An EU-funded project has resulted in the world’s largest all-electricity ferry Ellen. Last month the ferry completed 10 months of trials and proves that battery-powered boats have several advantages compared to their diesel counterparts. Read more about the world’s largest e-ferry operating in Denmark.
When the electric car-ferry Ellen entered service in 2019, she was the largest electric ferry in the world. She operates the route between the islands of Ærø and Als in Southern Denmark. This ferry, without noise or smoke, is paving the way to concrete transformation of maritime traffic and can quickly pay off the investments of EUR 21.3 million in both financial and environmental savings.
Although the investment is 40% more expensive than a conventional vessel, operating costs are 75% lower. It’s expected that she will save the release of 2,000 tons of CO2 per year. At her home port Ærø she loads her passengers and recharges her batteries with the surplus from the island’s wind turbines, which produce 130% of the electricity needed there. High-performance chargers top up the battery between sailings, so passengers do not need to wait long to depart.
Ellen’s batteries were developed by Leclanché of Switzerland. They are split between two battery rooms below deck and have a capacity of 4.3 MWh, larger than any other electric vessel. She is one of the first such vessels to have no emergency generator. A charging arm on the shore ramp moves with the tide and allows battery recharging while loading.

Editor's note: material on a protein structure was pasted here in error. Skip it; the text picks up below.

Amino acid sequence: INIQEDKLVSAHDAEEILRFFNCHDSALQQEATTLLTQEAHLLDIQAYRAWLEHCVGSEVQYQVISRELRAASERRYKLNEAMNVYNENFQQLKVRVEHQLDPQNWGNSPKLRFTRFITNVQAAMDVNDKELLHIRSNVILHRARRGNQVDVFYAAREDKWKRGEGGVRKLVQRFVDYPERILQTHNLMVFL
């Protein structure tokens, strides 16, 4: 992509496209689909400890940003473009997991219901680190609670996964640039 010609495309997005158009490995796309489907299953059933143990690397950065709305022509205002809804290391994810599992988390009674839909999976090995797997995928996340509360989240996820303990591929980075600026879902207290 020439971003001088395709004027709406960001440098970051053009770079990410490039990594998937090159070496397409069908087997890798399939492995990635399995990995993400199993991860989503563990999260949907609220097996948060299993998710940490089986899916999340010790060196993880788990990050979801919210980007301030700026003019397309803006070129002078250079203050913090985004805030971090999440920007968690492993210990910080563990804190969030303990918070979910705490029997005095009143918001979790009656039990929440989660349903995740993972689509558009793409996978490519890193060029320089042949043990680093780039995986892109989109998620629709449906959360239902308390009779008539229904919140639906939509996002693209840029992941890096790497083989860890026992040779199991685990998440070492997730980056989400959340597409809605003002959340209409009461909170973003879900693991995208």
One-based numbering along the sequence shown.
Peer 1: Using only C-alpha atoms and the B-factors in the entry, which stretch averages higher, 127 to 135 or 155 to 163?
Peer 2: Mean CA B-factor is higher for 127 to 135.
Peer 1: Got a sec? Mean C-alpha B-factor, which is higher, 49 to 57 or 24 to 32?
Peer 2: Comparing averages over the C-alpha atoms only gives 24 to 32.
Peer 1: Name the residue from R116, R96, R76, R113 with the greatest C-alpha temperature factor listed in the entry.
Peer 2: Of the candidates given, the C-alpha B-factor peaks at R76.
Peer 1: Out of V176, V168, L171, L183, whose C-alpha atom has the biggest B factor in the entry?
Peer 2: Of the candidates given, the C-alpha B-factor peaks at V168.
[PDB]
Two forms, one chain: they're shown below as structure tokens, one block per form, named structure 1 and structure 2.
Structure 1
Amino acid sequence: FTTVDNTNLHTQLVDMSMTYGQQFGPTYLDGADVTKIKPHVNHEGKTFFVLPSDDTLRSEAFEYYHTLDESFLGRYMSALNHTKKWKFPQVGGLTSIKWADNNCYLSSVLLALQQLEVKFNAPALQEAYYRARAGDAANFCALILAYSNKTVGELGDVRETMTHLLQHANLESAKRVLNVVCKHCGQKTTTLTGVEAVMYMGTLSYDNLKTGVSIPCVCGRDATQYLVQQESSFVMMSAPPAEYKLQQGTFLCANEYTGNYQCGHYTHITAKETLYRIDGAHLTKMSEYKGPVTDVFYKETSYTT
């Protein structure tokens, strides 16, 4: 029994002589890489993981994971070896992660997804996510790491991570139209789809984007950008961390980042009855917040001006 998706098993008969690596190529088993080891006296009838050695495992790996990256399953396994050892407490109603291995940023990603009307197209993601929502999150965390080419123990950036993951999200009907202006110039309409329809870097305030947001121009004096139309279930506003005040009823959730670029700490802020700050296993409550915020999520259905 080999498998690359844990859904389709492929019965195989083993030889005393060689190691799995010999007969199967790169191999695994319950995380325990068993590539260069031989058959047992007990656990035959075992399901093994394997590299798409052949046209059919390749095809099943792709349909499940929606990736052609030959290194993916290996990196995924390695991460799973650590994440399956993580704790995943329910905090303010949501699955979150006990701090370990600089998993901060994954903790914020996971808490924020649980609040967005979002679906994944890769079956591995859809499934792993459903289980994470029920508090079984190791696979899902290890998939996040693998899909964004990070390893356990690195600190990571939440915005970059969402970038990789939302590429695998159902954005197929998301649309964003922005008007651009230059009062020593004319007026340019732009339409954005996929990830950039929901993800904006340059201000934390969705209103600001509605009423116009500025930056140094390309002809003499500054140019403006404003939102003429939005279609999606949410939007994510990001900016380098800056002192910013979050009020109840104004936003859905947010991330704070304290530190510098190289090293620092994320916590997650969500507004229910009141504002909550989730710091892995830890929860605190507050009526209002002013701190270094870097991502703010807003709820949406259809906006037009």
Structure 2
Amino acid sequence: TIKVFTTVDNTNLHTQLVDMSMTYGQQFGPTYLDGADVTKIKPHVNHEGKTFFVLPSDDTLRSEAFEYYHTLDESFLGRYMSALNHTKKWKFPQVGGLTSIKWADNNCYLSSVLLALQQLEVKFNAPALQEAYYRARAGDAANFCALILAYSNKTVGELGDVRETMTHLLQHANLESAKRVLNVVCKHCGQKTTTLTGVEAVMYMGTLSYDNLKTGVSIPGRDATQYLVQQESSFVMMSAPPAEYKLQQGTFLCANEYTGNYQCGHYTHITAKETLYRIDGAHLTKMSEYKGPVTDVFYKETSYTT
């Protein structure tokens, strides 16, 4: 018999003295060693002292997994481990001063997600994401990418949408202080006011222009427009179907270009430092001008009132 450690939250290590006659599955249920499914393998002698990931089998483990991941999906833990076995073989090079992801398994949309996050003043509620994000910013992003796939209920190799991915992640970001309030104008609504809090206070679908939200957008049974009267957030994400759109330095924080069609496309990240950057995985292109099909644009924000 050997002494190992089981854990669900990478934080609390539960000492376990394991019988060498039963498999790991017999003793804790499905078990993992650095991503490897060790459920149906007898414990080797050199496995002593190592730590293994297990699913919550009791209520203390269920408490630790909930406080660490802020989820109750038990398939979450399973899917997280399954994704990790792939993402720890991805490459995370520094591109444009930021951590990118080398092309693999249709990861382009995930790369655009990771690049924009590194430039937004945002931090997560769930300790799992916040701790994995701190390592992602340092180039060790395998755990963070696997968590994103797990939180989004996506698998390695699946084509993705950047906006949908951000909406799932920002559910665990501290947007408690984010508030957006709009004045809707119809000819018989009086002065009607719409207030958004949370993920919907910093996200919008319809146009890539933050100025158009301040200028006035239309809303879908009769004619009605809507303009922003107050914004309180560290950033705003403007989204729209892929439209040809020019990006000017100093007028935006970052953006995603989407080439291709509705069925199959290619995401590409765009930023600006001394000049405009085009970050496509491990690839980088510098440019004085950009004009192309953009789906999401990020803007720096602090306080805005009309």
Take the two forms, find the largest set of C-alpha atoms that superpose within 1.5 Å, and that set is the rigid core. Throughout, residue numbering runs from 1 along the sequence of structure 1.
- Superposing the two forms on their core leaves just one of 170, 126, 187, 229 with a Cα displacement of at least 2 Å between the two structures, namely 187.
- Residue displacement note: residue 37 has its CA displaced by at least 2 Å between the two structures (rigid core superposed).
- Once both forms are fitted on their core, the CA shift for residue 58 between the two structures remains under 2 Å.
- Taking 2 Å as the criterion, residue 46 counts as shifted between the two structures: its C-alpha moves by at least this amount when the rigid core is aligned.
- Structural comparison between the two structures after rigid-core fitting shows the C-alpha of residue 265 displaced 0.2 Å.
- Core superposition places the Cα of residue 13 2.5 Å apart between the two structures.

The 750-ton and 60-meter long ferry Ellen makes five daily trips between Ærø and Als in the Baltic Sea. Ellen is powered by 4.3 megawatts of battery power and was built by Søby Værft A/S with sections fabricated in Szczecin in Poland in 2016. 22 sections were welded together and the hull was towed to Søby on Ærø for outfitting.
“There are two reasons why Ellen is so special,” says the E-ferry coordinator Trine Heinemann. “There is no oil on board to run anything on the ship, so she’s fully-electric. Secondly the 22 nautical miles trip is seven times what existing comparable ships have covered. And the longer distances you start covering, the most usable your technology becomes. And I think in Europe it’s about 80 % of the ferry transportation that can be covered in a 22 nautical miles range.”
Ellen can carry 30 vehicles and 200 passengers. She was designed to minimize weight. Her passenger areas are on the same level as the open car deck. She does not have ramps, instead using those on shore. The hull is steel but the bridge is made of aluminum. Deck furniture is made from recycled paper rather than wood, giving the ferry a total weight of 650 tons.
“Actually, electric motors are more powerful because we have the full torque from the bottom so that’s quite nice. You can almost drive it like a speed boat!” says captain Thomas Larsen and adds that the crew quickly became familiar with the new tool.
“Perhaps most important of all for the dissemination of e-technology, pure electricity is simply the cheapest solution now,” according to a statement from the Ellen project team.
Feature image (on top) Photo © Danfoss
World’s Largest E-Ferry Operating in Denmark, written by Tor Kjolberg